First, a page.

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Tuesday evening update on Houston rain & tropics

Posted by Matt Lanza at 4:18 PM

Good afternoon and evening. I wanted to offer a quick update on Houston’s rain situation, as well as Invest 95L.

Tonight through Thursday

The Flash Flood Watch that had been in effect for the region has been cancelled. We did see some significant rains southeast of Houston this morning.

We do expect more rain and thunderstorms to develop tonight, but the heaviest should primarily remain offshore. That said, watch for locally heavy downpours in spots and at times, especially southeast of Houston along the coast tonight and tomorrow. Some short-fused street flooding can’t be entirely ruled out. But we don’t expect widespread issues tonight or Wednesday. With storms offshore tomorrow morning, inland showers and storms will probably be a little sluggish out of the gate, but do expect at least a few downpours tomorrow around the region. Eric can narrow this down with a little more specificity in the morning.

We’ll see more scattered storms on Thursday, and we’ll pin that down for you a little better tomorrow.

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Rain, rain (won’t quite) go away

Posted by Matt Lanza at 5:52 AM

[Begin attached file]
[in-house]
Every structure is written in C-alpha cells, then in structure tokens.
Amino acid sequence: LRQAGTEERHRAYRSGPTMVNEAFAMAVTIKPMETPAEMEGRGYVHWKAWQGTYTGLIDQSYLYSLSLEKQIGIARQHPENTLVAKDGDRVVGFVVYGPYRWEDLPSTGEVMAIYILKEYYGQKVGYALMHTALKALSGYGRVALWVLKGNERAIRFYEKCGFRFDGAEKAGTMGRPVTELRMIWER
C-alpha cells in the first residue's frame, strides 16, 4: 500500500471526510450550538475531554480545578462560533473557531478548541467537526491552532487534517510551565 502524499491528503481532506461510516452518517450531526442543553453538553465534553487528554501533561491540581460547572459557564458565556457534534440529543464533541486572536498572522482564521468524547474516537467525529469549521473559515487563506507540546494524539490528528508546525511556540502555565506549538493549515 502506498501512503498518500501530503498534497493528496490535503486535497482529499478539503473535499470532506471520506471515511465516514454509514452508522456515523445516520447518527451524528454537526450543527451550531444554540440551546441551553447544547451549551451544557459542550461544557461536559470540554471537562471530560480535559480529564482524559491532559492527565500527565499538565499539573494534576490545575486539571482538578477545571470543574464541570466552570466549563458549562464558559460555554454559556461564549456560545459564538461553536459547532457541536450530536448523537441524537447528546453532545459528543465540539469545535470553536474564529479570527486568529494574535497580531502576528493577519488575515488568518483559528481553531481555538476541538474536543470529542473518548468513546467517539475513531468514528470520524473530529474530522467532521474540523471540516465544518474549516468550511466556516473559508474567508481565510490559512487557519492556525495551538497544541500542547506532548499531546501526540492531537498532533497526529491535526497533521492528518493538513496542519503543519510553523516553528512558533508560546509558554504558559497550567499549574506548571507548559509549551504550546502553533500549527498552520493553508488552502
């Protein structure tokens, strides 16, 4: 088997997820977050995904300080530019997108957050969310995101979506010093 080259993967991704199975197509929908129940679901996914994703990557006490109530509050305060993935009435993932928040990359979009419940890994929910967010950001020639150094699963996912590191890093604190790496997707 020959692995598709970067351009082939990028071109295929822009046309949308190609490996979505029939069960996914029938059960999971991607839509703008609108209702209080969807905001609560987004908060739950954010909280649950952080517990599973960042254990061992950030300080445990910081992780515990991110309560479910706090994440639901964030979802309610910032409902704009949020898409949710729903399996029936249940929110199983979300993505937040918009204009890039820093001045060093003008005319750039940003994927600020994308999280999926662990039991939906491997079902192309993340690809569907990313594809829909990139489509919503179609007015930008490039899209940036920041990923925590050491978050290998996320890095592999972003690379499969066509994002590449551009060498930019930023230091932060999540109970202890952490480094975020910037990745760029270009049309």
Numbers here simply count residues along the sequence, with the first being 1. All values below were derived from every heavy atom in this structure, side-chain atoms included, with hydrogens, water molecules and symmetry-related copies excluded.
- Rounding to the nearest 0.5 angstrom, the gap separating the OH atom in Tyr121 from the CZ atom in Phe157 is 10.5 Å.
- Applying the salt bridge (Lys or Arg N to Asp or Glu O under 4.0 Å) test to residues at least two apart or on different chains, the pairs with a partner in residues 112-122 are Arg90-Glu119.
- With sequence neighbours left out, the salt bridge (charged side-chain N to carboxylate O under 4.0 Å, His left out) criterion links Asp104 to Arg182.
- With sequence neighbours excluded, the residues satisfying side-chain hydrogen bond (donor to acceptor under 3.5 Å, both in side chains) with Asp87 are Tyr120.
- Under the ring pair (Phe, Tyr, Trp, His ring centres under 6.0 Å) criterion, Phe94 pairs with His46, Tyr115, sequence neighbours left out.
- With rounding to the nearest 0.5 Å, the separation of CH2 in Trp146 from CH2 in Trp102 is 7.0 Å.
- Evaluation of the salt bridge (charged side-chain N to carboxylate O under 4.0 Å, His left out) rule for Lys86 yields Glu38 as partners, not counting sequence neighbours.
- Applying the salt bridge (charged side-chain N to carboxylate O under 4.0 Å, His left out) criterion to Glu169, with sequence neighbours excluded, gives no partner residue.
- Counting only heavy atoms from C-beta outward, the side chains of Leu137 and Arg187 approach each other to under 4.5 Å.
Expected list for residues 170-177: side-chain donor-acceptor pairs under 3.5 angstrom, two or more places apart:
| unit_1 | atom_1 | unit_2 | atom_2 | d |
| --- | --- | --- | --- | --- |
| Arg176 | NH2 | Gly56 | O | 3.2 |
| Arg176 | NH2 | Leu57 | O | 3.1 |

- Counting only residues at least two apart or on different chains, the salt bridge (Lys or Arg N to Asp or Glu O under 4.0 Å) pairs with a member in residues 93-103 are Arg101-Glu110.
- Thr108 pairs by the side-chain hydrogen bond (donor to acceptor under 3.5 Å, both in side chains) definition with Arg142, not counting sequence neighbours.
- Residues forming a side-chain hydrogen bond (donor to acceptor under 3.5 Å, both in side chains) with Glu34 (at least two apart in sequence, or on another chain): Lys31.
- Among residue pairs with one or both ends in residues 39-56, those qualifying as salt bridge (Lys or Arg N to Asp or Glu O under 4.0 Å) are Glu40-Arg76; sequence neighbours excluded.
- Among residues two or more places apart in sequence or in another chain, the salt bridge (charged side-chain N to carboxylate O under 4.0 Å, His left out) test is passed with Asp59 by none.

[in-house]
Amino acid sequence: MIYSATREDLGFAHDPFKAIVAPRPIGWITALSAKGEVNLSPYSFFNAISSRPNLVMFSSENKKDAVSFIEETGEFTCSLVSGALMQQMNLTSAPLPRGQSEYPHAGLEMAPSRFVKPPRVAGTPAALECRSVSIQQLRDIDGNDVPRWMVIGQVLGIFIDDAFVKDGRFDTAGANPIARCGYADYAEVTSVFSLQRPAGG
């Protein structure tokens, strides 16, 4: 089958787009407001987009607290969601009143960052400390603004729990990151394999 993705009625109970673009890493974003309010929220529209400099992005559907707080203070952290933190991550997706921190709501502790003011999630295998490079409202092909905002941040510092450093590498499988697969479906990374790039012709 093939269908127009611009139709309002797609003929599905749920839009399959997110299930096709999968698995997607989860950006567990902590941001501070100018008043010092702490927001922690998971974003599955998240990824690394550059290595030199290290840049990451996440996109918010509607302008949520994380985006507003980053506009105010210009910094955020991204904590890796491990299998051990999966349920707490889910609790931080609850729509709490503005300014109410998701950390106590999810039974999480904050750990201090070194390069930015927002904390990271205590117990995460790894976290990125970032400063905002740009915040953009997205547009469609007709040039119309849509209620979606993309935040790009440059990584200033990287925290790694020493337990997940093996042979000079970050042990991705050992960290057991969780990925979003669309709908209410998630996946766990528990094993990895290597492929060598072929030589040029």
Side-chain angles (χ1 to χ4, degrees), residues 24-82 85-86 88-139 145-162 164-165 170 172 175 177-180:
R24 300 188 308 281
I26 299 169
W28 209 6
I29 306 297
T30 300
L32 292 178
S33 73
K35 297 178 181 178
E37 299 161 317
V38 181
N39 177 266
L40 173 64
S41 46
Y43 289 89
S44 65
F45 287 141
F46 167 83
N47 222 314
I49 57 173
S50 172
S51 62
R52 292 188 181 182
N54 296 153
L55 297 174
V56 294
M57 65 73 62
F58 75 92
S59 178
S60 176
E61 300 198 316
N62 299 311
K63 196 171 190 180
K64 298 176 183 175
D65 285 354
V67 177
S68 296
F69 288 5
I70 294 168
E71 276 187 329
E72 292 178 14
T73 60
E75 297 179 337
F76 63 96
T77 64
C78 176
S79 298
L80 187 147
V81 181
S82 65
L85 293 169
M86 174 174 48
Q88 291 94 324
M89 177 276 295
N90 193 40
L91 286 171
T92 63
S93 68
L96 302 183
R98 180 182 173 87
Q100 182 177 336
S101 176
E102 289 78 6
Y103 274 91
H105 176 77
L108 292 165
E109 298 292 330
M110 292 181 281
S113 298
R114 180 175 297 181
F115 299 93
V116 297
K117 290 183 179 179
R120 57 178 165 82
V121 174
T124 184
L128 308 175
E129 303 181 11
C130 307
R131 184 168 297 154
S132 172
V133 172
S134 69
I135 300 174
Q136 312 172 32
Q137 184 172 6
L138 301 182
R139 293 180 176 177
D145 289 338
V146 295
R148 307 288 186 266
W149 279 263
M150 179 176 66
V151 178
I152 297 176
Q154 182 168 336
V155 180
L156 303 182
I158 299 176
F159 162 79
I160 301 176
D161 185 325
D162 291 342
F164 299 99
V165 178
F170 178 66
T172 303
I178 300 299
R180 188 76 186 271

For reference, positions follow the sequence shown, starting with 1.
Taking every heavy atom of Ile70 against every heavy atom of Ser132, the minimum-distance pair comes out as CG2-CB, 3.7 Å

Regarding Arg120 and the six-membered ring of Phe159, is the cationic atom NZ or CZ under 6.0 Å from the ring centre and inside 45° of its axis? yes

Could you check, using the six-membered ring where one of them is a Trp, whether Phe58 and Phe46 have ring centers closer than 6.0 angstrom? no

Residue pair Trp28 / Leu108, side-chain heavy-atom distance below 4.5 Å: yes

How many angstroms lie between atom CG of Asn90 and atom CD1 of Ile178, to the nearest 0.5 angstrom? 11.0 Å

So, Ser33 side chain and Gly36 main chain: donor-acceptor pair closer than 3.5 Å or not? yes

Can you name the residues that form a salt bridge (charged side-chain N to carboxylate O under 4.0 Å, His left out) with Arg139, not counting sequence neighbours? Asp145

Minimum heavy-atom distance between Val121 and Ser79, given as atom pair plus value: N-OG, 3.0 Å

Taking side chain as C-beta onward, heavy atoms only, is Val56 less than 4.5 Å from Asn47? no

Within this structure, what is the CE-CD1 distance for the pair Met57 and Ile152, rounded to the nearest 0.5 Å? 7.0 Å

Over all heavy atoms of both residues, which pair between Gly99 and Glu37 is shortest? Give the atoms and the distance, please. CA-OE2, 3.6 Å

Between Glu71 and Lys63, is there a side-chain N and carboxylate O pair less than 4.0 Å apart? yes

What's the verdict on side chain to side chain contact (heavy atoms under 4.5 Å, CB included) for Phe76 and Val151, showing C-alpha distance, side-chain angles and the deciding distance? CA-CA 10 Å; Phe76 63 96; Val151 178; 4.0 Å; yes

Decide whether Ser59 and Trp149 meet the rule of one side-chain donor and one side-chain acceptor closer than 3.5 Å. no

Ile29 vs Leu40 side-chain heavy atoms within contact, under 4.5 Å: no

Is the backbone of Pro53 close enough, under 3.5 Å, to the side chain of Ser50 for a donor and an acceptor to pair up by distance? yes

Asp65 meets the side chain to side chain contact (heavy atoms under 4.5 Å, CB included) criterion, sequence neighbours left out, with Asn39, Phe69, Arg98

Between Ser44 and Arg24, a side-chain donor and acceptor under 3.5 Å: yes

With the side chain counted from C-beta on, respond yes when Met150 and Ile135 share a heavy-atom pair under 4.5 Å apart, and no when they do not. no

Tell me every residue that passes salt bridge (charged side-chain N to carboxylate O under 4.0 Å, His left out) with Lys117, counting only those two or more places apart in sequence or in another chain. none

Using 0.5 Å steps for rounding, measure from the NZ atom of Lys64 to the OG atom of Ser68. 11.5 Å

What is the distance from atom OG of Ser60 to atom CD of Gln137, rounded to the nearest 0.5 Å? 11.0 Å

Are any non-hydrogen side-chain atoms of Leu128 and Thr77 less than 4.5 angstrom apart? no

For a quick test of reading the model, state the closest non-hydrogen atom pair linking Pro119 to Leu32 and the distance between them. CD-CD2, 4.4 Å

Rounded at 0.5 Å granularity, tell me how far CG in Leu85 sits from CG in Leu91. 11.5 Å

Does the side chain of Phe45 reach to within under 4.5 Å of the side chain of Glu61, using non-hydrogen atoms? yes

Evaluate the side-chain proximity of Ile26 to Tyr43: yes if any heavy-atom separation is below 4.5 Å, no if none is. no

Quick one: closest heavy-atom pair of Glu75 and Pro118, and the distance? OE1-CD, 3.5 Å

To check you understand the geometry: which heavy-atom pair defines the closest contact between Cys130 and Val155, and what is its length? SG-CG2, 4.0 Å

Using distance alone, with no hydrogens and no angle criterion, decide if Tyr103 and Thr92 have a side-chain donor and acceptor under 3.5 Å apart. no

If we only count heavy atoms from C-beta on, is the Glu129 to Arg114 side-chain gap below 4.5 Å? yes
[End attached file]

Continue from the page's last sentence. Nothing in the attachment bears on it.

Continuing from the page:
After an on-again/off-again dry summer in the Houston area, the last 10 days have felt like we’ve been dodging a continuous faucet. We will continue to deal with this into later this week and weekend.

Quick situational awareness for you:

  • A Flash Flood Watch is in effect generally along and southeast of US-59, so primarily for the coastal counties in our area until later today. A watch means flooding, especially street flooding, is possible.
  • We’re expecting periods of rain, possibly heavy at times, through tomorrow, with a bit more possible Wednesday and Thursday.
  • Our Caribbean/Yucatan tropical disturbance (Invest 95L) remains disorganized this morning. The National Hurricane Center (NHC) gives it a 60% chance of development as it comes across the Gulf later this week. We think the ceiling on intensity is low, but this system does bring more locally heavy rain risk to parts of Texas.